“Just like in David Bowie’s song: ‘Fame… what you get is no tomorrow’.” -Polina Korobkova
Polina Korobkova (2001, Moscow, Russia) is a Russian composer currently based in Switzerland. Having composed for ensembles such as MCME Ensemble, Orkest de Ereprijs, Delirium, Ensemble Modern and Neue Vocalsolisten Stuttgart, Polina’s intensive and provocative compositions have been performed in concert halls in Russia, Switzerland, France, Austria and Norway. Polina spoke to PRXLUDES about her philosophy on art, publication, and the creative process, her interest in film, and her views on self-promotion and technology.
DISCLAIMER: The views and thoughts represented in this interview do not necessarily represent Polina or her work and may be outdated at any moment. She asked me to write this. Don’t sue me.
Zyggy/PRXLUDES: Hi Polina! I first discovered your music through the piece ‘Screech of a Sparrow’, that you did for Delirium Ensemble; it’s absolutely gorgeous. Do you remember what the writing process was like for the piece?
Polina: That’s a tricky question, because it’s a piece which I’ve written a long time ago. It’s a piece I cannot perceive as a part of myself anymore, [or] my work to be honest…I believe as artists, as composers, the moment we create something, it already becomes something alien to us, [a] partial un-dead object, almost like immortal libido. For me, it’s usually extremely hard to deal with my own music after I’ve written it, it’s difficult for me to perceive it. It’s a weird way of listening, I would say, when you listen to your own music; not exactly “listening”.
I understand what you mean — is it something to do with the vision you had for the piece prior to its performance?
No — because I’d written [this piece] really long ago, it was almost the second complete piece which I’d written in my life. I don’t think it’s because of the vision in my head, in fact, I can hardly remember what the vision was; it’s just that I don’t recognise my own music, and that’s very strange. Because also, a part of the problem — especially with this piece — [is] that I’m performing myself — I’m singing — and that makes the experience even more strange for me, because when I sing, obviously, I can’t listen to it. I listen as a singer, but not from the outside. So, frankly, [with] this piece, nowadays I treat it more as a singer, when I perform it, rather than [as] a composer. -laughs-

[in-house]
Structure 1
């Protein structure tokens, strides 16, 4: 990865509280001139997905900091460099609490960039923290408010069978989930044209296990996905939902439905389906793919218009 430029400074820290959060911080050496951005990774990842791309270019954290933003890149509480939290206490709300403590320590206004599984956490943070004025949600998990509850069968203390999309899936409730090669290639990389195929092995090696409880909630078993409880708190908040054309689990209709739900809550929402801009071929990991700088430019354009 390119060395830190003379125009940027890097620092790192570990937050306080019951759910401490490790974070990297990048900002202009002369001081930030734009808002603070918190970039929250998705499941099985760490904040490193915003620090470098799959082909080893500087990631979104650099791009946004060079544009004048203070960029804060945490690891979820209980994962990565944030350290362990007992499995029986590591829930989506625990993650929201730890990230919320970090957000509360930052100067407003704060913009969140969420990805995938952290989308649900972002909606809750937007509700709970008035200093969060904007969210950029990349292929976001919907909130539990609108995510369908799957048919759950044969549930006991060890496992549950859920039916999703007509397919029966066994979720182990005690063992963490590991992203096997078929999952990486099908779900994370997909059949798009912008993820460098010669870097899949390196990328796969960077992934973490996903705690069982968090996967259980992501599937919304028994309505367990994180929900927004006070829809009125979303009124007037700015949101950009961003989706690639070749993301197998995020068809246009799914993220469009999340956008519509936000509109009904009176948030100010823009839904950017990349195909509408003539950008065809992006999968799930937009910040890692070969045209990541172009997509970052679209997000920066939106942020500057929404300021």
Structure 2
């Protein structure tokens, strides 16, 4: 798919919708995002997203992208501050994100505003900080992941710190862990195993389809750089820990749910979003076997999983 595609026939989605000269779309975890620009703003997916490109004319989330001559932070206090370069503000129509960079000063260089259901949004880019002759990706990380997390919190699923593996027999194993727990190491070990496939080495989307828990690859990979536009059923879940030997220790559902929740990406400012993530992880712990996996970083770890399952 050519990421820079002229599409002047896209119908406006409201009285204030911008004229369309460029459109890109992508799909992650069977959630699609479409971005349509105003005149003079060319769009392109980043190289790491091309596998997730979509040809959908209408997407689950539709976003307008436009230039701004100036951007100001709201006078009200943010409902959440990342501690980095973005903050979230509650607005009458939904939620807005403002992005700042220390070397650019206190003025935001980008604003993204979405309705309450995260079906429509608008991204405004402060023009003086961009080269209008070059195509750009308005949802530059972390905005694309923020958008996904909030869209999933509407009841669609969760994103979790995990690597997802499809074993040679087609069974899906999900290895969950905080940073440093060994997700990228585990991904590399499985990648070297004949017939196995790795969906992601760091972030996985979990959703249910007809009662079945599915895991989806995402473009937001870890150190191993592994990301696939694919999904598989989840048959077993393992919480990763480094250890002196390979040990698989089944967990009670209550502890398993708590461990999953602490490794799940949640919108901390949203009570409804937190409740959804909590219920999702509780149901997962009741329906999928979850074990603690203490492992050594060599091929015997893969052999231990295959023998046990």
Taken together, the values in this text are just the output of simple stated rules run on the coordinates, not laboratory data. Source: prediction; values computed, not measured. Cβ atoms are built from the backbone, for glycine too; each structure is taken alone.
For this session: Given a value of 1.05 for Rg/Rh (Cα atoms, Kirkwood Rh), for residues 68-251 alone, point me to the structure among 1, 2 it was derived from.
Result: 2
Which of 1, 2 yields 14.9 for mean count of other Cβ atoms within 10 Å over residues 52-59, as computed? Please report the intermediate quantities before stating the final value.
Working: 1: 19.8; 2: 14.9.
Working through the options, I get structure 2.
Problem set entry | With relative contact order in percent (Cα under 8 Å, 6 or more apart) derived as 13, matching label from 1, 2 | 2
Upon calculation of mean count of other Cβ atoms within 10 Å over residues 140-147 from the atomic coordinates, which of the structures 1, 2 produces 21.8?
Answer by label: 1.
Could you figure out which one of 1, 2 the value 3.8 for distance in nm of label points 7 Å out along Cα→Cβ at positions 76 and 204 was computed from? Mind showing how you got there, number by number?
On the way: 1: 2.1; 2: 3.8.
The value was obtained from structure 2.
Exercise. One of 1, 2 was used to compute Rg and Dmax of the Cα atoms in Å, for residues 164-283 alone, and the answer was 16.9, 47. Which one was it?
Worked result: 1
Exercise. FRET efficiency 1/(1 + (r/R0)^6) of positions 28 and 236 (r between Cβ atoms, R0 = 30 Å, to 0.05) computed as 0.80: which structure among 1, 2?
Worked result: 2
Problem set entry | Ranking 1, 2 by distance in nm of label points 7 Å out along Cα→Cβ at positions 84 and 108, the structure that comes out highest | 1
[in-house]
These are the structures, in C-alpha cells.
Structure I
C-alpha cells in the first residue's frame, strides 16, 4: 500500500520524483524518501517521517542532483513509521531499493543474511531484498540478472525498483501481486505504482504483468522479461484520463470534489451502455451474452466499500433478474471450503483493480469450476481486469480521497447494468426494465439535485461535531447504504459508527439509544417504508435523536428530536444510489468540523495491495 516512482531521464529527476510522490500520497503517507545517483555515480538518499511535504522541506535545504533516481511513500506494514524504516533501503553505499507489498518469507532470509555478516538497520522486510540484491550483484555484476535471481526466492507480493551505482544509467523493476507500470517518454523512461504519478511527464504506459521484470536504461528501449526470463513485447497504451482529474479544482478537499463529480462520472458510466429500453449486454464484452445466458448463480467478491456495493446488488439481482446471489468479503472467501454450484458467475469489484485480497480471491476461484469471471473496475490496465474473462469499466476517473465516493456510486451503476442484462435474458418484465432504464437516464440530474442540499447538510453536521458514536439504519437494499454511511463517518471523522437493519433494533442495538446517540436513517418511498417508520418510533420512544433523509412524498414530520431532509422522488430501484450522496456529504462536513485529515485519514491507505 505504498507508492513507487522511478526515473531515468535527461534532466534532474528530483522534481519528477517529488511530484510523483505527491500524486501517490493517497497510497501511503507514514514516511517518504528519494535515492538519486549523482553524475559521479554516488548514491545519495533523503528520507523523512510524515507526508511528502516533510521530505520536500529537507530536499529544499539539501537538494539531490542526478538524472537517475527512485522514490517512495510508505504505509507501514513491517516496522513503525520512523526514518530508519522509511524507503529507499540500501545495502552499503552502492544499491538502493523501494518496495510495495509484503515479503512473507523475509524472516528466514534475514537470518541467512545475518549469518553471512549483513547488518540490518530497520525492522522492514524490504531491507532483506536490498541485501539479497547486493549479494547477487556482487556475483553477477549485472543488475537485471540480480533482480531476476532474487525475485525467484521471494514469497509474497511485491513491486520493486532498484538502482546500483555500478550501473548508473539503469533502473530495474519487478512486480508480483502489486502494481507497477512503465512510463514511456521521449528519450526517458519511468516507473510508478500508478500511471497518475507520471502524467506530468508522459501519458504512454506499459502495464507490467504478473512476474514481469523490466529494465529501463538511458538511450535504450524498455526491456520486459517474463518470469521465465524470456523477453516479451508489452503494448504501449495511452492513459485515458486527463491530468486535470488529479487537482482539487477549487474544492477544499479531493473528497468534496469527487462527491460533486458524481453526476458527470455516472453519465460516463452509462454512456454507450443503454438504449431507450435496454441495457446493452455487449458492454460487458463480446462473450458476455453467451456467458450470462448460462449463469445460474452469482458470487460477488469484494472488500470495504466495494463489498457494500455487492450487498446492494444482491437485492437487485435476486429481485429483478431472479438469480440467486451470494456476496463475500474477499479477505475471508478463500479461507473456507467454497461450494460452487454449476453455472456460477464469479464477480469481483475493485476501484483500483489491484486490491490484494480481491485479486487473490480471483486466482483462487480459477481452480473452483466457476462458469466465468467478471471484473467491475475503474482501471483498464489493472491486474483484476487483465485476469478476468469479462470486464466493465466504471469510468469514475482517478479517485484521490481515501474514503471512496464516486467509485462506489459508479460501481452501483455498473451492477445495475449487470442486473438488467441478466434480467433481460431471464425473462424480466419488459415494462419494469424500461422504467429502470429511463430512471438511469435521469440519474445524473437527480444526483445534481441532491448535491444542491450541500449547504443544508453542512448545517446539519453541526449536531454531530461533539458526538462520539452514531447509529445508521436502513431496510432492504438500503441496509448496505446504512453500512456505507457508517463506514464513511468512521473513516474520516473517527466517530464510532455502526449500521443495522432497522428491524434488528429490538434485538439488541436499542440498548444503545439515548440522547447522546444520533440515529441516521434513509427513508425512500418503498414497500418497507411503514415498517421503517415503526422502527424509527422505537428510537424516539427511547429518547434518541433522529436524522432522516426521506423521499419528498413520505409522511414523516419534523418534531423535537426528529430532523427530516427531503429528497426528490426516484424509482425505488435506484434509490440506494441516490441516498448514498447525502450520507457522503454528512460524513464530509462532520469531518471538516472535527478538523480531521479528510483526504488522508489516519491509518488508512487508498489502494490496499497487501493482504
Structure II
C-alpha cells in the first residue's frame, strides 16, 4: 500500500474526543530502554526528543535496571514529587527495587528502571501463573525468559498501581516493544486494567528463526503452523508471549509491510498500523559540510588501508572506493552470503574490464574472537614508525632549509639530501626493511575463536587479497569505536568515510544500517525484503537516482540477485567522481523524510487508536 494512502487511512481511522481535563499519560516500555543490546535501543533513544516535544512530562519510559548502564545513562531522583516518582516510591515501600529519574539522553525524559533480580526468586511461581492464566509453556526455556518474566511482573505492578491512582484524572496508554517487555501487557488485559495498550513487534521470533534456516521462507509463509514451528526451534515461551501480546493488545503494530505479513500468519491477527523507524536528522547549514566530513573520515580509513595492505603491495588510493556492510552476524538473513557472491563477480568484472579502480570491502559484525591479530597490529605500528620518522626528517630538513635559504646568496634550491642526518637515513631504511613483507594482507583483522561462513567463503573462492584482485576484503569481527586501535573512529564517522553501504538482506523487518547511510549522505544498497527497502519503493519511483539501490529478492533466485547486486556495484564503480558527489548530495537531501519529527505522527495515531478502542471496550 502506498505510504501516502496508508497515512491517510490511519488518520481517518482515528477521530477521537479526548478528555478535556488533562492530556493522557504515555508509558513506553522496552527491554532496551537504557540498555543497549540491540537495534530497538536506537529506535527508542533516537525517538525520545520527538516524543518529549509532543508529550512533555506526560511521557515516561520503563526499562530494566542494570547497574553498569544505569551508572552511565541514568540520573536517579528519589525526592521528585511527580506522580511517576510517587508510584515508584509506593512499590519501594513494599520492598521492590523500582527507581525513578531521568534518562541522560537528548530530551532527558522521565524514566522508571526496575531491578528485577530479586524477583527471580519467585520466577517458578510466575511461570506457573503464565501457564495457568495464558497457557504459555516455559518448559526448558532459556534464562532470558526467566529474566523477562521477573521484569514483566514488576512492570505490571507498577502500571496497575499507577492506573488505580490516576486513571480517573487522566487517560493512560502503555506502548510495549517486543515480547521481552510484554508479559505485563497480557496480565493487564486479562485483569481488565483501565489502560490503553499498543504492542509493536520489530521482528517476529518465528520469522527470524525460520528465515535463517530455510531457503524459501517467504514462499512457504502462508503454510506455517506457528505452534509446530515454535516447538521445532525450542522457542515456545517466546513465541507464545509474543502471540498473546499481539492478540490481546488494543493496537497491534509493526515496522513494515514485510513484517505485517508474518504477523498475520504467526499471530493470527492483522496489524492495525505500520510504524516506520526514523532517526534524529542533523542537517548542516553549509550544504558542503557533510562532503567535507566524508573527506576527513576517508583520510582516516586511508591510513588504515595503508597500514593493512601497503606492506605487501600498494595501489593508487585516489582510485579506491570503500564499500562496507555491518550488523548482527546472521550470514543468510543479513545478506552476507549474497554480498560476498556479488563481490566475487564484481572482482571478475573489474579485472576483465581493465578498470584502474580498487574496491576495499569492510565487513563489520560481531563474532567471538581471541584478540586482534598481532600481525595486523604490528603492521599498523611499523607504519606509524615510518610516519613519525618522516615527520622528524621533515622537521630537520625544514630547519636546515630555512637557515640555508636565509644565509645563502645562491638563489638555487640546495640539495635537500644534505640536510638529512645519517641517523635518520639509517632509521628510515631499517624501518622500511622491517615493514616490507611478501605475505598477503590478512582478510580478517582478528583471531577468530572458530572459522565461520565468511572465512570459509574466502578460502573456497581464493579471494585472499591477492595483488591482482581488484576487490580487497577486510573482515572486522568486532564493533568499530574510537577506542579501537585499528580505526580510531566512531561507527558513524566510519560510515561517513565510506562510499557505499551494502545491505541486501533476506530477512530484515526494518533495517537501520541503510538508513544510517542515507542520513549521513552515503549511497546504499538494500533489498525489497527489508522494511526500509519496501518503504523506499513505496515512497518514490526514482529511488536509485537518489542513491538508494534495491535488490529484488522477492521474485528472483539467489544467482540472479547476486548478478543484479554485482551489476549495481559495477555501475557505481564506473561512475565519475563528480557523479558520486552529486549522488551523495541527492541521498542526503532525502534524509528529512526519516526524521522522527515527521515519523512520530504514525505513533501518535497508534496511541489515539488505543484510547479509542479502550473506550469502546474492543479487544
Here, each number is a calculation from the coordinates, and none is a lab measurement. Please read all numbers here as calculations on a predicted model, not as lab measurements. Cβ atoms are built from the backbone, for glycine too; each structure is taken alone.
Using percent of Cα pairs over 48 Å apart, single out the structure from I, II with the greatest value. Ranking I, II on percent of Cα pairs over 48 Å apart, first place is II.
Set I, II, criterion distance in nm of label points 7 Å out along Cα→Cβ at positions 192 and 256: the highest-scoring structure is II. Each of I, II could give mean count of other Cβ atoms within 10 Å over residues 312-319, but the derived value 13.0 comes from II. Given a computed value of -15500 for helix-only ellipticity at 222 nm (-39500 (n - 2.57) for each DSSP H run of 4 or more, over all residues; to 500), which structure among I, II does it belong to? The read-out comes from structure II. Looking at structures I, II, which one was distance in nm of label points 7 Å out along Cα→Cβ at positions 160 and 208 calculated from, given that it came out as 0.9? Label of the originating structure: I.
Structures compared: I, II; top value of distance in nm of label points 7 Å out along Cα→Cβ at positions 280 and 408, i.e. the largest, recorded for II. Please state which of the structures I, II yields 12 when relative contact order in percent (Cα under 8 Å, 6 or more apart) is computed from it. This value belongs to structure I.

That’s an interesting dichotomy. Would you say that played a role in why you feel it’s hard to talk about?
No, I also wouldn’t say that. I think the only trouble I have is that it’s something which is “done”. It was important for me to write it at some point, it was an important piece; [my] definition of important pieces is not that they turned out what I consider “relevant” or “interesting” now — because only God or [an] Absolute can judge that maybe, it’s not what I should do, to judge it — but [rather] the transgression, going beyond boundaries, my own boundaries, in a way. I understand that this piece went beyond all that I’d written before — it [became] a significant experience for me to write it — that it went somewhere else from [everything] I’ve done before, somewhere unexpected. That’s why I feel this piece was quite important work, but now I’m working on completely different things, and that’s the main reason.